First pro-life 'Med Ed' bill passes South Dakota Senate to clarify abortion 'misinformation'

State Capitol in Pierre, South Dakota.
State Capitol in Pierre, South Dakota. | Getty Images

The South Dakota Senate has approved a first-in-the-nation bill designed to inform doctors and medical professionals about the treatments available to pregnant women experiencing health-threatening or life-threatening conditions under abortion restrictions passed at the state level amid what proponents call a barrage of "misinformation." 

The Republican-controlled body approved House Bill 1224 in a 31-3 vote Thursday. One Democrat joined with Republicans to support the measure, while the three other Democrats in the chamber voted against it. 

The South Dakota House of Representatives approved HB 1224 on Feb. 14. The bill heads to the desk of Republican Gov. Kristi Noem. If she signs it, the South Dakota Department of Health would have until Sept. 1 to create the informational video authorized by the bill. 

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HB 1224 is defined as "an Act to require the creation of an informational video and other materials describing the state's abortion law and medical care for a pregnant woman experiencing life-threatening or health-threatening medical conditions." The measure instructs the South Dakota Department of Health to create an informational video that elaborates on "the state's abortion law and acts that do and do not constitute an abortion." 

South Dakota is one of 15 states that have implemented protections for unborn babies throughout all nine months of pregnancy following the U.S. Supreme Court's 2022 Dobbs v. Jackson Women's Health Organization decision, which determined that the U.S. Constitution doesn't contain a right to abortion. South Dakota's law includes an exception in cases where the pregnant woman faces life-threatening conditions.

The video and other materials mandated by the bill will also explain "the most common medical conditions that threaten the life or health of a pregnant woman" and "the generally accepted standards of care applicable to the treatment of a pregnant woman experiencing life-threatening or health-threatening medical conditions."

Additionally, the video should outline "the criteria that a practitioner, exercising reasonable medical judgment, might use in determining the best course of treatment for" a pregnant mother experiencing those conditions and her child.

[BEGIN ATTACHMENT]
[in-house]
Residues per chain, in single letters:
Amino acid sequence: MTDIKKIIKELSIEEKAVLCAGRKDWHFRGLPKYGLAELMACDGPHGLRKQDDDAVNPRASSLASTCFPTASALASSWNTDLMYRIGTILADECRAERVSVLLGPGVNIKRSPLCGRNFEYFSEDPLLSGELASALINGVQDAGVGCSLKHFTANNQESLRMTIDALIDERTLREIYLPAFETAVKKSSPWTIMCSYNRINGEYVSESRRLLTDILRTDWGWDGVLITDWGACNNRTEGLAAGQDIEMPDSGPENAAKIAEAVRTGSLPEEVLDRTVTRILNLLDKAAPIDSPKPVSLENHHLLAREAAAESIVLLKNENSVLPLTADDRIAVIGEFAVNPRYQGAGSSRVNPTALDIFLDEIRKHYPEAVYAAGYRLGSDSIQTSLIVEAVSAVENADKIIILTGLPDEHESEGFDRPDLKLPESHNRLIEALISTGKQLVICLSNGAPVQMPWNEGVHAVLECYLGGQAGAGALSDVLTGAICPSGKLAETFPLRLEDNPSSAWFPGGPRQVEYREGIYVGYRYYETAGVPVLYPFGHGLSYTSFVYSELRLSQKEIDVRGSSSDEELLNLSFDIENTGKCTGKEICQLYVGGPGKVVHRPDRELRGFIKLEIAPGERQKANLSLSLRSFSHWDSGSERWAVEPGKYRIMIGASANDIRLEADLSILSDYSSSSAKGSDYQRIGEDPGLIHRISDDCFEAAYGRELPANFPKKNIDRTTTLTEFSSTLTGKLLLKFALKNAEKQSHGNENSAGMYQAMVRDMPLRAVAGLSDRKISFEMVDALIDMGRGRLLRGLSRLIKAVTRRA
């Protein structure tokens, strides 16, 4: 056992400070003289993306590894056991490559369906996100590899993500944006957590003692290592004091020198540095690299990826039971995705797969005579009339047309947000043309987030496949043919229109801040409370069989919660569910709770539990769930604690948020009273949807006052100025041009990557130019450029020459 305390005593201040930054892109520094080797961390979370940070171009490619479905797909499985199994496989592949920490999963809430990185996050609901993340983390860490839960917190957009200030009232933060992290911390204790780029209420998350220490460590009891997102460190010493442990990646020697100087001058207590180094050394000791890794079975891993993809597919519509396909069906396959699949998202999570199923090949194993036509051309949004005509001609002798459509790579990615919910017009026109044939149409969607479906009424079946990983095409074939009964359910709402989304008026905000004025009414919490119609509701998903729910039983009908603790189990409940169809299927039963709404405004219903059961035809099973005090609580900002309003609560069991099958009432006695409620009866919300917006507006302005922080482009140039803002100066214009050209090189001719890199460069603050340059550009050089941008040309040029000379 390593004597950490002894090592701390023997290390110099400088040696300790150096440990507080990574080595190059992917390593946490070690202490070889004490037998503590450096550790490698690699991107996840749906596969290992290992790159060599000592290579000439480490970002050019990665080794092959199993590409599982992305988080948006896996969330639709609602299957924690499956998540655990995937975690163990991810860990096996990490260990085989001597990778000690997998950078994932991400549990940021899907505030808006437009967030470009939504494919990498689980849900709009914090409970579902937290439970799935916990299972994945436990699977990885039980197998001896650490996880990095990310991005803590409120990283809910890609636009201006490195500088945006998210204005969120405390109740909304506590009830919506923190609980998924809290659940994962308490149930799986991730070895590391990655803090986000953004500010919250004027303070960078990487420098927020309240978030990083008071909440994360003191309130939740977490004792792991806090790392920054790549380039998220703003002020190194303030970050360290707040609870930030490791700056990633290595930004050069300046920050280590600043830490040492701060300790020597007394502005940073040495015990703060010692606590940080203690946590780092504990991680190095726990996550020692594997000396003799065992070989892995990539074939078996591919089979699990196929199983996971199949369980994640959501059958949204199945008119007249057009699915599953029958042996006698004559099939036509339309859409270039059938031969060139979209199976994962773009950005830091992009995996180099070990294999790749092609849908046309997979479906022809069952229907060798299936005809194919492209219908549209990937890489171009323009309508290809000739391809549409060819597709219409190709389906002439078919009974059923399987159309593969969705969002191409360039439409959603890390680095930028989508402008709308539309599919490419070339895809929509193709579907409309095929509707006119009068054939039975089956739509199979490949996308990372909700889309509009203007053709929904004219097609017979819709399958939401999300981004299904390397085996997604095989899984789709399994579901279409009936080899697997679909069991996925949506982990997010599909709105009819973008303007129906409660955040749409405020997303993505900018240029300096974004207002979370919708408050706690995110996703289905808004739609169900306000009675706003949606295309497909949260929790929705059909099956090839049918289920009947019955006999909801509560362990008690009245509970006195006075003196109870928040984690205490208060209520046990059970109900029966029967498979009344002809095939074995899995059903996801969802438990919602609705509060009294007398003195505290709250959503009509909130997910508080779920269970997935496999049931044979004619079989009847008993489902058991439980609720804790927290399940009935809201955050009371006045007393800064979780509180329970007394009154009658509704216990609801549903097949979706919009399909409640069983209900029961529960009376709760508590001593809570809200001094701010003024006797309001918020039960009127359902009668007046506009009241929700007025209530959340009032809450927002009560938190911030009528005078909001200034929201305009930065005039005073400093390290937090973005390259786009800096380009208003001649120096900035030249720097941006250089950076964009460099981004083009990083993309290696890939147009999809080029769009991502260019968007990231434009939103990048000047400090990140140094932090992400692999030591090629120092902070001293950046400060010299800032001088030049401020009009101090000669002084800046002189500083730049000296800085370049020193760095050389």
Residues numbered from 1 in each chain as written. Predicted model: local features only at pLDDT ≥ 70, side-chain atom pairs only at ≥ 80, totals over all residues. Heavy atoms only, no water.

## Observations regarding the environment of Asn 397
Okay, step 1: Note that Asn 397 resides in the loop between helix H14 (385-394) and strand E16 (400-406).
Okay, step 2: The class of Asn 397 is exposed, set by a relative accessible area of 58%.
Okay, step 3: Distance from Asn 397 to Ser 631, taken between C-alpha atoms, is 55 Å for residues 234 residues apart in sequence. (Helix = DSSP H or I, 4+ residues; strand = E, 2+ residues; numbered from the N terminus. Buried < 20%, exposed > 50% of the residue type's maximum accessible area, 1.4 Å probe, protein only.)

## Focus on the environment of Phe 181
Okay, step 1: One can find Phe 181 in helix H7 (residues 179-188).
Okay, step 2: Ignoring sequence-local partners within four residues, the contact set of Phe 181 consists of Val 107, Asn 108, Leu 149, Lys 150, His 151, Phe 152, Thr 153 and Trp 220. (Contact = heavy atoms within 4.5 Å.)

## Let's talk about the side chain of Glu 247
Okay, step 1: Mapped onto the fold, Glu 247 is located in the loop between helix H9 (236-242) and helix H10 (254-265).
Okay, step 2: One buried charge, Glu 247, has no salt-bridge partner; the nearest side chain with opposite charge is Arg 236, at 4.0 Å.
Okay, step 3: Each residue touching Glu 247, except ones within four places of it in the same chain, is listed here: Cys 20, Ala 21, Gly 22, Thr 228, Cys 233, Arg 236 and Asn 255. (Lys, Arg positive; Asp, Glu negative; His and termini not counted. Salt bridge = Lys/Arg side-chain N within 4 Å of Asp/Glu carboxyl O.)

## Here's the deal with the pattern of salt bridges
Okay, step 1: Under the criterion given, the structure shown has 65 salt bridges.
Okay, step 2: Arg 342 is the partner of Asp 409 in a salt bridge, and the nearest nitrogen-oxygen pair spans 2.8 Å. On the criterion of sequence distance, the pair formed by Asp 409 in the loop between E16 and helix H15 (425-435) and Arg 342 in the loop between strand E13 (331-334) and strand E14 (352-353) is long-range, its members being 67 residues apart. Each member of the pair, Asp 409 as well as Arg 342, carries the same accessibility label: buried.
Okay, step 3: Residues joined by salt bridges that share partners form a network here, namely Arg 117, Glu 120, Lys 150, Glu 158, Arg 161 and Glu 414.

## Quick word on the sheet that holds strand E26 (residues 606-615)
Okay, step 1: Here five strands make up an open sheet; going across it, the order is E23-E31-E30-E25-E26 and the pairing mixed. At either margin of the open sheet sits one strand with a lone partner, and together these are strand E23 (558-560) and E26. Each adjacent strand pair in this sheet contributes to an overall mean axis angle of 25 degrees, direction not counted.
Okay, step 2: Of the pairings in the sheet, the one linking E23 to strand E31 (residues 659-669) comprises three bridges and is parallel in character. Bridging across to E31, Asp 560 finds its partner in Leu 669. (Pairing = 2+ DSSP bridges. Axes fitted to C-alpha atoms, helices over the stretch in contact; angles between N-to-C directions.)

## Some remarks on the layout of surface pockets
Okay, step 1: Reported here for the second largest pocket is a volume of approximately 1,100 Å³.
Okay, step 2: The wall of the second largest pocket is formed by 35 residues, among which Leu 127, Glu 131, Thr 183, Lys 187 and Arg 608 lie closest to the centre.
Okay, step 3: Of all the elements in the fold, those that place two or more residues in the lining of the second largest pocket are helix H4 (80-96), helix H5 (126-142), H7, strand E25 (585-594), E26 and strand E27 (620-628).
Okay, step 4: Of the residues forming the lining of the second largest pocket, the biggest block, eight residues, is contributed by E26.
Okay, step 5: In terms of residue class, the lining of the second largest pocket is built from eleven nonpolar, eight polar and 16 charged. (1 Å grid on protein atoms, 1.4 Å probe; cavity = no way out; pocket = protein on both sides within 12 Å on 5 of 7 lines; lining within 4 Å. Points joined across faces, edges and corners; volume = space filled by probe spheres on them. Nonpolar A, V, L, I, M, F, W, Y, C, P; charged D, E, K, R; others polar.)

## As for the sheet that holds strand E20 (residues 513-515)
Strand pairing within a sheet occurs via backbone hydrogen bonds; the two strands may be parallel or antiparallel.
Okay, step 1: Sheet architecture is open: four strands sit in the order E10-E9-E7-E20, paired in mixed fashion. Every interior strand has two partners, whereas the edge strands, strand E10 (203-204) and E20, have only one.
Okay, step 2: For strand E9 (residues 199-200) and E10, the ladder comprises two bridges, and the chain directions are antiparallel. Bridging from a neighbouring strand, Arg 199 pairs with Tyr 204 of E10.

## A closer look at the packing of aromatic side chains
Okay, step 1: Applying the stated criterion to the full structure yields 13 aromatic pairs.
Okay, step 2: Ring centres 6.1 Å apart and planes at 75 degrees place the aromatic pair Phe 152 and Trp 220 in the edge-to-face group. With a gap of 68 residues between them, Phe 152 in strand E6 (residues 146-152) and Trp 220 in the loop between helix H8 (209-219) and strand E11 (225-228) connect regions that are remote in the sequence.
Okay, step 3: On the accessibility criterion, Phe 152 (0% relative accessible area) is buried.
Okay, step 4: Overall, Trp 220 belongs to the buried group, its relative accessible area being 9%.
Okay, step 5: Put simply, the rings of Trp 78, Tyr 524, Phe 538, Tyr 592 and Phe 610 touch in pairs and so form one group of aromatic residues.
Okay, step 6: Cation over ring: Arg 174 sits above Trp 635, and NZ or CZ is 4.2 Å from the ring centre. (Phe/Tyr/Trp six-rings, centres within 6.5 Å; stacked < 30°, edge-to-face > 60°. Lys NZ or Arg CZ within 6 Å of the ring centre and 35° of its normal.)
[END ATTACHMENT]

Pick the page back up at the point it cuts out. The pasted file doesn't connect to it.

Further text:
Kelsey Pritchard, the state public affairs director for the national pro-life grassroots activist organization Susan B. Anthony Pro-Life America, said in a statement that "South Dakota is showing the rest of the nation how to protect women's lives from the misinformation surrounding abortion laws."

"This bipartisan bill is uncontroversial, and a policy that pro-choice and pro-life Americans alike should support," Pritchard said. "We should all be supportive of making it abundantly clear that pregnant women can and must receive emergency care." 

The activist organization described HB 1224 as "the first legislation of its kind drafted to end the confusion caused by the abortion industry through direct education to medical professionals," saying "other states have taken similar steps administratively, including Oklahoma and Kentucky attorneys general issued advisory opinions."

HB 1224, dubbed a "Med Ed" bill by Susan B. Anthony Pro-Life America, comes as pro-abortion organizations have claimed that bans on abortion throughout all nine months of pregnancy prevent women from accessing treatment for miscarriages and ectopic pregnancies.

Supporters of such laws have disputed the narrative that restrictions on abortion leave women unable to find treatment for miscarriages and ectopic pregnancies. A fact sheet compiled by the American Association of Pro-Life Obstetricians and Gynecologists titled "Myth vs. Fact: Correcting Misinformation on Maternal Medical Care" stressed that "the difference between a miscarriage and an elective abortion is clear."

"In a miscarriage, the baby has already died, and therefore, any treatment of a miscarriage would not be an abortion. The procedures and treatments used for miscarriage management are not prohibited by abortion restrictions," the fact sheet added. Explaining that "an ectopic pregnancy requires removing an embryo to save a mother's life so that both lives are not lost," the fact sheet asserts that "this life-saving treatment is not prevented by any current law restricting or banning abortion."

Ryan Foley is a reporter for The Christian Post. He can be reached at:

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